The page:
As of the conclusion of the 2018 U.S. Open, it has been exactly 15 years since an American man has lifted a Grand Slam singles trophy. This is a greater timespan of Grand Slam drought than the entire rebirth era of American men’s tennis, which covered the 14 years of 1989 to 2003, and yielded a staggering 27 Slam singles titles for American-born male players. That was the era spearheaded by legendary names such as Pete Sampras and Andre Agassi, a time when U.S. players often found themselves in Slam finals against their fellow American peers. Take the classic 1991 French Open final, won by Jim Courier over Andre Agassi in 5 brutal sets. Or the 1995 Australian and U.S. Open finals, where Agassi and Sampras squared off – contests which didn’t only decide Slams, but the world’s number 1 ranking as well.
Of course, all eras have to have a genesis. And all eras have to have someone who shows their fellow countrymen what’s possible, a person who lights the way. As the 1980s drew to a close, U.S. tennis had no guarantee that future dominance – or even success – was assured. The previous great American era of John McEnroe and Jimmy Connors was largely over (McEnroe won his final Grand Slam singles trophy in 1984, Connors in 1983 – both ironically bidding farewell to the Slam winner’s circle at the U.S. Open). And while there were bright prospects on the horizon, in tennis – as in life – early promise is no guarantee of future accomplishment.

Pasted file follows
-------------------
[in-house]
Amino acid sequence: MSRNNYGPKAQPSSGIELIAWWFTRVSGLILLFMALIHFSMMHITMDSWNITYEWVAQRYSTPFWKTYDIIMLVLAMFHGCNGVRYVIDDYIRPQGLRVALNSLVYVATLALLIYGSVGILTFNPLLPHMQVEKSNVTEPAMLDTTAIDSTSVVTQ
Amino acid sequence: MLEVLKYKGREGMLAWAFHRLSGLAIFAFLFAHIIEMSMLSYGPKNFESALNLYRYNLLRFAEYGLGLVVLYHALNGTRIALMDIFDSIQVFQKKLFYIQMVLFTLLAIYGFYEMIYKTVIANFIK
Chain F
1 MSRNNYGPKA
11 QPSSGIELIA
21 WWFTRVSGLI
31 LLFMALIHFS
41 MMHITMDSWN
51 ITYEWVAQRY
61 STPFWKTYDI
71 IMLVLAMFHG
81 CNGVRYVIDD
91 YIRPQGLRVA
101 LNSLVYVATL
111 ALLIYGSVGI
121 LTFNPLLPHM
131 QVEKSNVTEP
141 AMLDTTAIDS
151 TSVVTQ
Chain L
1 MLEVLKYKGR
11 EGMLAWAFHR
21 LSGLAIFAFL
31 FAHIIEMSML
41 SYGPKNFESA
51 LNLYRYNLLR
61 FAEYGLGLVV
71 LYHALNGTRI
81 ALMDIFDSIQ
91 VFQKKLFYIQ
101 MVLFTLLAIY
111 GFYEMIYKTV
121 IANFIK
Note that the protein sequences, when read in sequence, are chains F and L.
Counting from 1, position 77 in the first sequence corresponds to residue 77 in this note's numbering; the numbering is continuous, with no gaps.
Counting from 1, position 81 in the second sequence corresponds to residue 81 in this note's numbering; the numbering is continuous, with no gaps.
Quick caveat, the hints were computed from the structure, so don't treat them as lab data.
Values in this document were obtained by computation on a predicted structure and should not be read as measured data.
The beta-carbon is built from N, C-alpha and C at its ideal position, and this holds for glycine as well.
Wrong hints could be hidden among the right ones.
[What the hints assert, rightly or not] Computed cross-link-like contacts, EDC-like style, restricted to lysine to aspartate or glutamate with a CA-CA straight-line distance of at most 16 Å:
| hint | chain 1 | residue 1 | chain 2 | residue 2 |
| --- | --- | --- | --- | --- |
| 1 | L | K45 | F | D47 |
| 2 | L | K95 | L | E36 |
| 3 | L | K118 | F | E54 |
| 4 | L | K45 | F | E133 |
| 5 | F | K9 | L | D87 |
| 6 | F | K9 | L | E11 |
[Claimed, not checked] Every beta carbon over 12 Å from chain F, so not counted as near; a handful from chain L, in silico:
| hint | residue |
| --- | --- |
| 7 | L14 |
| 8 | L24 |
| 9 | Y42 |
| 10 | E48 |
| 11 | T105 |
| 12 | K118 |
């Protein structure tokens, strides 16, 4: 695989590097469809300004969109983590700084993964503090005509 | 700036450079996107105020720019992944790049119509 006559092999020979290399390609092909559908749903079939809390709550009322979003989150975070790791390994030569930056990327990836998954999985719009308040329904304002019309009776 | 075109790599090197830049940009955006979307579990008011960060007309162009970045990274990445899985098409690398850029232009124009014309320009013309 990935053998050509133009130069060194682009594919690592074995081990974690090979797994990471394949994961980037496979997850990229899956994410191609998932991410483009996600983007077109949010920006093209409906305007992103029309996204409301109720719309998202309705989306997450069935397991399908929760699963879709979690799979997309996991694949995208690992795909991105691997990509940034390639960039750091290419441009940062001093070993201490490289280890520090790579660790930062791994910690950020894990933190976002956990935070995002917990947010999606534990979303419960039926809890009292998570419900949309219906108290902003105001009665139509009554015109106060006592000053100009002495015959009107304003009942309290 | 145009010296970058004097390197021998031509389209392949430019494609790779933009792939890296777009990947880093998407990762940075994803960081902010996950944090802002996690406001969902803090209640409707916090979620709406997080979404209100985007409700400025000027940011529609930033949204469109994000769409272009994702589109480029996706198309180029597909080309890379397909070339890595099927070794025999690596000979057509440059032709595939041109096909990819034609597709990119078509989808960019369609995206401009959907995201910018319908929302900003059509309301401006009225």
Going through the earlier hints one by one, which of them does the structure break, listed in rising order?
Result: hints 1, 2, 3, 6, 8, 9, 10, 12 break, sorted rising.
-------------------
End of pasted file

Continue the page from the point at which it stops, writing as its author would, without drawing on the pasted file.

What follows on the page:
Enter Michael Te-Pei Chang. Not only the youngest American male player to ever lift a Grand Slam trophy, Chang is indeed the youngest men’s player period to ever do so – at the staggering age of only 17 years, 110 days. It is of course his youthful age that first stands out when discussing his greatest triumph – and even moreso in this modern era where the world’s number 2 player, Roger Federer, is over 37 years old. Yet the win was also notable for many other reasons. It snapped a 34 year drought by American men on the red clay of Roland Garros, and planted the seeds for U.S. men to take up the challenge of rising to the top. Another American great of that era – Jim Courier – once said that Chang’s win instilled the belief among the U.S. contingent that Grand Slam success was indeed possible for them, American-born men that had grown up playing against one another. As Courier put it, “We recognised very quickly after Michael won that it was not an insurmountable task. Something that seemed so far away was right in front of you at that point”.